Jason Sibert is the executive director of the Peace Economy Project.


  1. One anti-immigrant argument I’d previously listened to was that our free and open society depended on us keeping a majority who respected individual liberties, so we better not bring in too many people who favored, for example, executing gays or implementing Sharia Law.

    Now I realize how much democracy hinges on our trust in our fellow man — my trust that he’ll respect my liberty because he wants me to respect his. The Golden Rule is indeed universal to all cultures and religions.

    If we think most individuals are stupid or evil, we’ll never support democracy because we’ll just see it as the individual being trampled underneath the tyranny of majority opinion.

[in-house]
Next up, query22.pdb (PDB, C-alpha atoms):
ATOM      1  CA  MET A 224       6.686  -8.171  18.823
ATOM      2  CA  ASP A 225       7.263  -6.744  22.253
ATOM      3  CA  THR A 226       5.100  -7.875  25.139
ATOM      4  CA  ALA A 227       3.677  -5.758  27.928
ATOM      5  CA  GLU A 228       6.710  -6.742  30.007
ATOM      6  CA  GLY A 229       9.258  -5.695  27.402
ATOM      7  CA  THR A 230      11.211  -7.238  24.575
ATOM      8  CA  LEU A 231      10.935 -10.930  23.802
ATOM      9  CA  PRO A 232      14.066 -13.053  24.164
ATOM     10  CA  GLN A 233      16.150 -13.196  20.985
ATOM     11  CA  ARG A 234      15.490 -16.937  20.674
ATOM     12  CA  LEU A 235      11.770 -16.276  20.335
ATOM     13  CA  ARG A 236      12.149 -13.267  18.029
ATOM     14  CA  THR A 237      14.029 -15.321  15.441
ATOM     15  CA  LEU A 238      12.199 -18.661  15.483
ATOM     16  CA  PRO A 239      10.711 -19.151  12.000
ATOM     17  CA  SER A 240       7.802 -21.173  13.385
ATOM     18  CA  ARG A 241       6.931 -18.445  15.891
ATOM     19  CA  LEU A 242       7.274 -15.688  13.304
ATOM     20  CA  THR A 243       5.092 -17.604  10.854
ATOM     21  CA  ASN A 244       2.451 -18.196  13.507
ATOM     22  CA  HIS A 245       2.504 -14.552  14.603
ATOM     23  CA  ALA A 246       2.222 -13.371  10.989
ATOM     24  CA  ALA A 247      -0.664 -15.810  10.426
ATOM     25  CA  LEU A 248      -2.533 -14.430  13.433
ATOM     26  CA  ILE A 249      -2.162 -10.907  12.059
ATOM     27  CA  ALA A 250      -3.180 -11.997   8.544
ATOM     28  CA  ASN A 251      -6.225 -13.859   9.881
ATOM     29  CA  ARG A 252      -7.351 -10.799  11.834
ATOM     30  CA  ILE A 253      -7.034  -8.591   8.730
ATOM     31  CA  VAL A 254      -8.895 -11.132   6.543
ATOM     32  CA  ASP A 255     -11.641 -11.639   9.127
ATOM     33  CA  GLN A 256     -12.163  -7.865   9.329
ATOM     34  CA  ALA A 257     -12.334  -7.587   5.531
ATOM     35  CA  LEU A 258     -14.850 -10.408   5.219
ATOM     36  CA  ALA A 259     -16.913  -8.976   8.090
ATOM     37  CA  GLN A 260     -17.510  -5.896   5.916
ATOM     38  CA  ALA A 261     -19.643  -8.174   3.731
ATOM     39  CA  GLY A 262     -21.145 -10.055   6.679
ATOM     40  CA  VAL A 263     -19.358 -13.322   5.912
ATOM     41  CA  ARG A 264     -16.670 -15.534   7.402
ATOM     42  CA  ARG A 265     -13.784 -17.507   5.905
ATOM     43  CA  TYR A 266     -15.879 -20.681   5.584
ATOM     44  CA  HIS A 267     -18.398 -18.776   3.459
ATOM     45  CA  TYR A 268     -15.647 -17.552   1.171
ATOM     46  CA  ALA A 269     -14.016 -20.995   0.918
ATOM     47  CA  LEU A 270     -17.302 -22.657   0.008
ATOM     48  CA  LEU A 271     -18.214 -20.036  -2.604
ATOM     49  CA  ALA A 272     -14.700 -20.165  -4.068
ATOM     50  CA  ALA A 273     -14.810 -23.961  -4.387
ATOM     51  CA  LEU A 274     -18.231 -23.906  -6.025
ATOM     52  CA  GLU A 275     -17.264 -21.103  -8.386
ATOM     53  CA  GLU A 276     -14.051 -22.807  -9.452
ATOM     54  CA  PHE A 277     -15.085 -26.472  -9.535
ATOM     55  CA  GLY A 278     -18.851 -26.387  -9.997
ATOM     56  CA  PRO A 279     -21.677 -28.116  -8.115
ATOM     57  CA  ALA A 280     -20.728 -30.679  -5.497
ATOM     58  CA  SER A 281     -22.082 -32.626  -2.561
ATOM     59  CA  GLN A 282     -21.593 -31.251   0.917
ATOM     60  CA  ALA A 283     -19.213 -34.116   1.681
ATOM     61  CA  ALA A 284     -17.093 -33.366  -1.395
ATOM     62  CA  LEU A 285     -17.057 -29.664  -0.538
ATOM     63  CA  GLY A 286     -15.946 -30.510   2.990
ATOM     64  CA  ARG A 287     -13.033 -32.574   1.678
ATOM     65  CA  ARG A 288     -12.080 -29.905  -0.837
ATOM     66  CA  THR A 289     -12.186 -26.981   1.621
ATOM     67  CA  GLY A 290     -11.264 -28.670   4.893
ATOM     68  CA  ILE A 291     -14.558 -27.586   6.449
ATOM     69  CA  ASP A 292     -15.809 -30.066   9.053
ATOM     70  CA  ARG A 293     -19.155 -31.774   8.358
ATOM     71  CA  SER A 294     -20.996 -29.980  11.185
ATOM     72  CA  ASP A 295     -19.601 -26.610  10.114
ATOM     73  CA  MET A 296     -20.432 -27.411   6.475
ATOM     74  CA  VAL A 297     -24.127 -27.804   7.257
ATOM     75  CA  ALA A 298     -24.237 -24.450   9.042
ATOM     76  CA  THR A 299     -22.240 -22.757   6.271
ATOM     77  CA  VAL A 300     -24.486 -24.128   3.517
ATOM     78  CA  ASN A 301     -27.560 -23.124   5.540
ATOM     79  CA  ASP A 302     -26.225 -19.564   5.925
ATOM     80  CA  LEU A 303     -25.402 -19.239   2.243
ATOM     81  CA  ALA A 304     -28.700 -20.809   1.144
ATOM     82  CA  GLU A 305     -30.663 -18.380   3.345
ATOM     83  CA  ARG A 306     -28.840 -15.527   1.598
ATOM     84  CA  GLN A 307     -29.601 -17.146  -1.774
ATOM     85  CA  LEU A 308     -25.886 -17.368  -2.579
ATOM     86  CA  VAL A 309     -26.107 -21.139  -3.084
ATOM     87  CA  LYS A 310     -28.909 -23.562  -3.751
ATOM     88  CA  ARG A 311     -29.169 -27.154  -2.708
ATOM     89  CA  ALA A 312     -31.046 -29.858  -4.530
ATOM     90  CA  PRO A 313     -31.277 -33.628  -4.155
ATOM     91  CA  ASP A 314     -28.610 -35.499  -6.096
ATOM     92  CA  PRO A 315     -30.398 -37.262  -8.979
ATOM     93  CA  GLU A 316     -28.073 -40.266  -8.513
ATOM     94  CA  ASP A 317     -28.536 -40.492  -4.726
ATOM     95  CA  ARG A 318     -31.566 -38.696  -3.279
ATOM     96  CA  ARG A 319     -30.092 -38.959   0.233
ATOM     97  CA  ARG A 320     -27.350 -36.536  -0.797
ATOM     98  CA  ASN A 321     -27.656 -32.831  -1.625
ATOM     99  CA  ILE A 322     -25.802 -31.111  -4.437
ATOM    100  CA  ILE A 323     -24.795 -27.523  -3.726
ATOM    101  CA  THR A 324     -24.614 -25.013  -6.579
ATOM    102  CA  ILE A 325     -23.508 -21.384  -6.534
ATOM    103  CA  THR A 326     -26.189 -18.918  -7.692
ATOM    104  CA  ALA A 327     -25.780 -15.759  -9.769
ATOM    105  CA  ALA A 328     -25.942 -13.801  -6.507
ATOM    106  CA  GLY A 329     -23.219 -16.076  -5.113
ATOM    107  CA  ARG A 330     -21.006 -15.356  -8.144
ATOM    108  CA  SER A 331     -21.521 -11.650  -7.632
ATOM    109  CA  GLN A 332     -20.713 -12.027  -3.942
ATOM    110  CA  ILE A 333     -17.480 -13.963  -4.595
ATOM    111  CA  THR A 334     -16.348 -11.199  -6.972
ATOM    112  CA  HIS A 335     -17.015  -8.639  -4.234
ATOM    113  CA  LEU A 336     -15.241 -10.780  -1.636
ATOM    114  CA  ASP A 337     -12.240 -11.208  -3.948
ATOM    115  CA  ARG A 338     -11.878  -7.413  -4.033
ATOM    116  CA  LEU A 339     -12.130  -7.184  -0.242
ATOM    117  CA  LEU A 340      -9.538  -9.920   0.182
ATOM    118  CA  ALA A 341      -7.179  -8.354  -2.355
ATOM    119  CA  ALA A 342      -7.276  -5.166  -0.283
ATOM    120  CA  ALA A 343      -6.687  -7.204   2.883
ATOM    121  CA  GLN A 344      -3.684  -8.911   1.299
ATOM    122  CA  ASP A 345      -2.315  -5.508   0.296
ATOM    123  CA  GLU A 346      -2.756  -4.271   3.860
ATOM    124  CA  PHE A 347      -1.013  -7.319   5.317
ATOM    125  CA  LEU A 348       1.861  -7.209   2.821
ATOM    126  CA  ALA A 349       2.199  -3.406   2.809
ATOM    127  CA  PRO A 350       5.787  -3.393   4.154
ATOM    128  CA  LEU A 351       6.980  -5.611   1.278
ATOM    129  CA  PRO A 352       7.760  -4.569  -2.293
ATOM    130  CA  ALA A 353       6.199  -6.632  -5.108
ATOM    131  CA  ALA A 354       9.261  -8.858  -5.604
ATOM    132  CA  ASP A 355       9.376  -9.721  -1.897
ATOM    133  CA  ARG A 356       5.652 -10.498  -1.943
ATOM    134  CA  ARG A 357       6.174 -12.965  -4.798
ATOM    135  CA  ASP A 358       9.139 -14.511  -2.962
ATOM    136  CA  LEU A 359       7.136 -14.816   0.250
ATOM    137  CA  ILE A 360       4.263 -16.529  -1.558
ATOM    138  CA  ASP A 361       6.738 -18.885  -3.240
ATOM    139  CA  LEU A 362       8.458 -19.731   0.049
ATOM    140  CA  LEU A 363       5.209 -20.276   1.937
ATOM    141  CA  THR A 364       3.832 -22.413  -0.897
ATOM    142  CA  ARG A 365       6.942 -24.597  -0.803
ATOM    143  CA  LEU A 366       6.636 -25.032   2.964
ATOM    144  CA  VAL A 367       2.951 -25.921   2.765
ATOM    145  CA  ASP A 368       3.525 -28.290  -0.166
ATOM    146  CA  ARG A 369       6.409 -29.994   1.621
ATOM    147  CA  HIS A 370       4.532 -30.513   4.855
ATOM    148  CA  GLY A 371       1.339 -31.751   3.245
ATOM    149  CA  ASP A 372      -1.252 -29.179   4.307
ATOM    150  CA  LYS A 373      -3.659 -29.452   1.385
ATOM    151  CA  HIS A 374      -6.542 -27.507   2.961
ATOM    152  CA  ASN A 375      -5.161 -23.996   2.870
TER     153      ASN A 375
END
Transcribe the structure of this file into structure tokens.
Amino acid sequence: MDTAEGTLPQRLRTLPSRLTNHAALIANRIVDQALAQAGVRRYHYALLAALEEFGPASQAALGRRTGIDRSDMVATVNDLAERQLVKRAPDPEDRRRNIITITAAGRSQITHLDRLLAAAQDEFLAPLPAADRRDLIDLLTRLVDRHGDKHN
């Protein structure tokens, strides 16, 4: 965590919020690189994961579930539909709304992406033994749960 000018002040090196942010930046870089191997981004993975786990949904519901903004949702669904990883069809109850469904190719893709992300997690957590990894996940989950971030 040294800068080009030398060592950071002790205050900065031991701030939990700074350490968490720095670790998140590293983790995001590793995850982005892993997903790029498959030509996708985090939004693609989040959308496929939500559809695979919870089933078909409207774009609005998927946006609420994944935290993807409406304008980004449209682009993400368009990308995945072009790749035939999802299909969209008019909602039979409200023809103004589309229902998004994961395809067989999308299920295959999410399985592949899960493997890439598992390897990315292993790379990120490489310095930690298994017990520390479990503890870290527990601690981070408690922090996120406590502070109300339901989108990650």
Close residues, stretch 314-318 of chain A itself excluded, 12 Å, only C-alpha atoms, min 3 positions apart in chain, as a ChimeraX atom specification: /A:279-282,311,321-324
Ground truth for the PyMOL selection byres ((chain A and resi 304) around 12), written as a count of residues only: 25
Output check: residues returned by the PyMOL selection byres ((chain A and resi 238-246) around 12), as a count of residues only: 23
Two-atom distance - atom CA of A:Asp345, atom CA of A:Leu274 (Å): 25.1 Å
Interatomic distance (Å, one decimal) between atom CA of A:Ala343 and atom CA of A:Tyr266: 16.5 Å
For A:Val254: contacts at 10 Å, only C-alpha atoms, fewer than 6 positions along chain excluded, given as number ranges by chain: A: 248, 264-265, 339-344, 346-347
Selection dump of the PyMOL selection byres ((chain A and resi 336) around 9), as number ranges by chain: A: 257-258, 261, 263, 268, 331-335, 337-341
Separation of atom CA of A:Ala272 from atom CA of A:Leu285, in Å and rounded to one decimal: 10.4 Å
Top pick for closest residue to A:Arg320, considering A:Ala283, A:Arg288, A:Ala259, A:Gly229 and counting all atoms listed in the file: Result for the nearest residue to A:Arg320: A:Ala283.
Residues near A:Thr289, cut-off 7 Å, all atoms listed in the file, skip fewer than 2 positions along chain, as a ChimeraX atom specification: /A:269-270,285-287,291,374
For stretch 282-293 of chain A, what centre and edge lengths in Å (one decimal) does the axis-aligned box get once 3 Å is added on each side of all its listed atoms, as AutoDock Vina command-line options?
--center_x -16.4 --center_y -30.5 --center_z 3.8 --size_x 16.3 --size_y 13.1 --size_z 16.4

It’s only when we see our own light and goodness in the eyes of every person, that we can, like Voltaire, defend to the death everyone’s right to free expression.

    Jason Sibert has made it clearer how our polarization is preventing us from developing reliable foreign policy. Presidents today are more inclined to use their power to undo the legacy of the previous administration and put their own personal stamp on everything (only to have that undone by a successor), than strive for a unified, stable and sustainable American policy, even knowing that the latter will ensure much greater peace and prosperity for every American.

    Politicians are also less likely than in the past to have friendships and go out for drinks with those on the opposite side of the political aisle. And I suspect that this lack of bipartisan friendship’s at the root of our divisiveness over foreign policy, and policy in general. Let’s be friends❤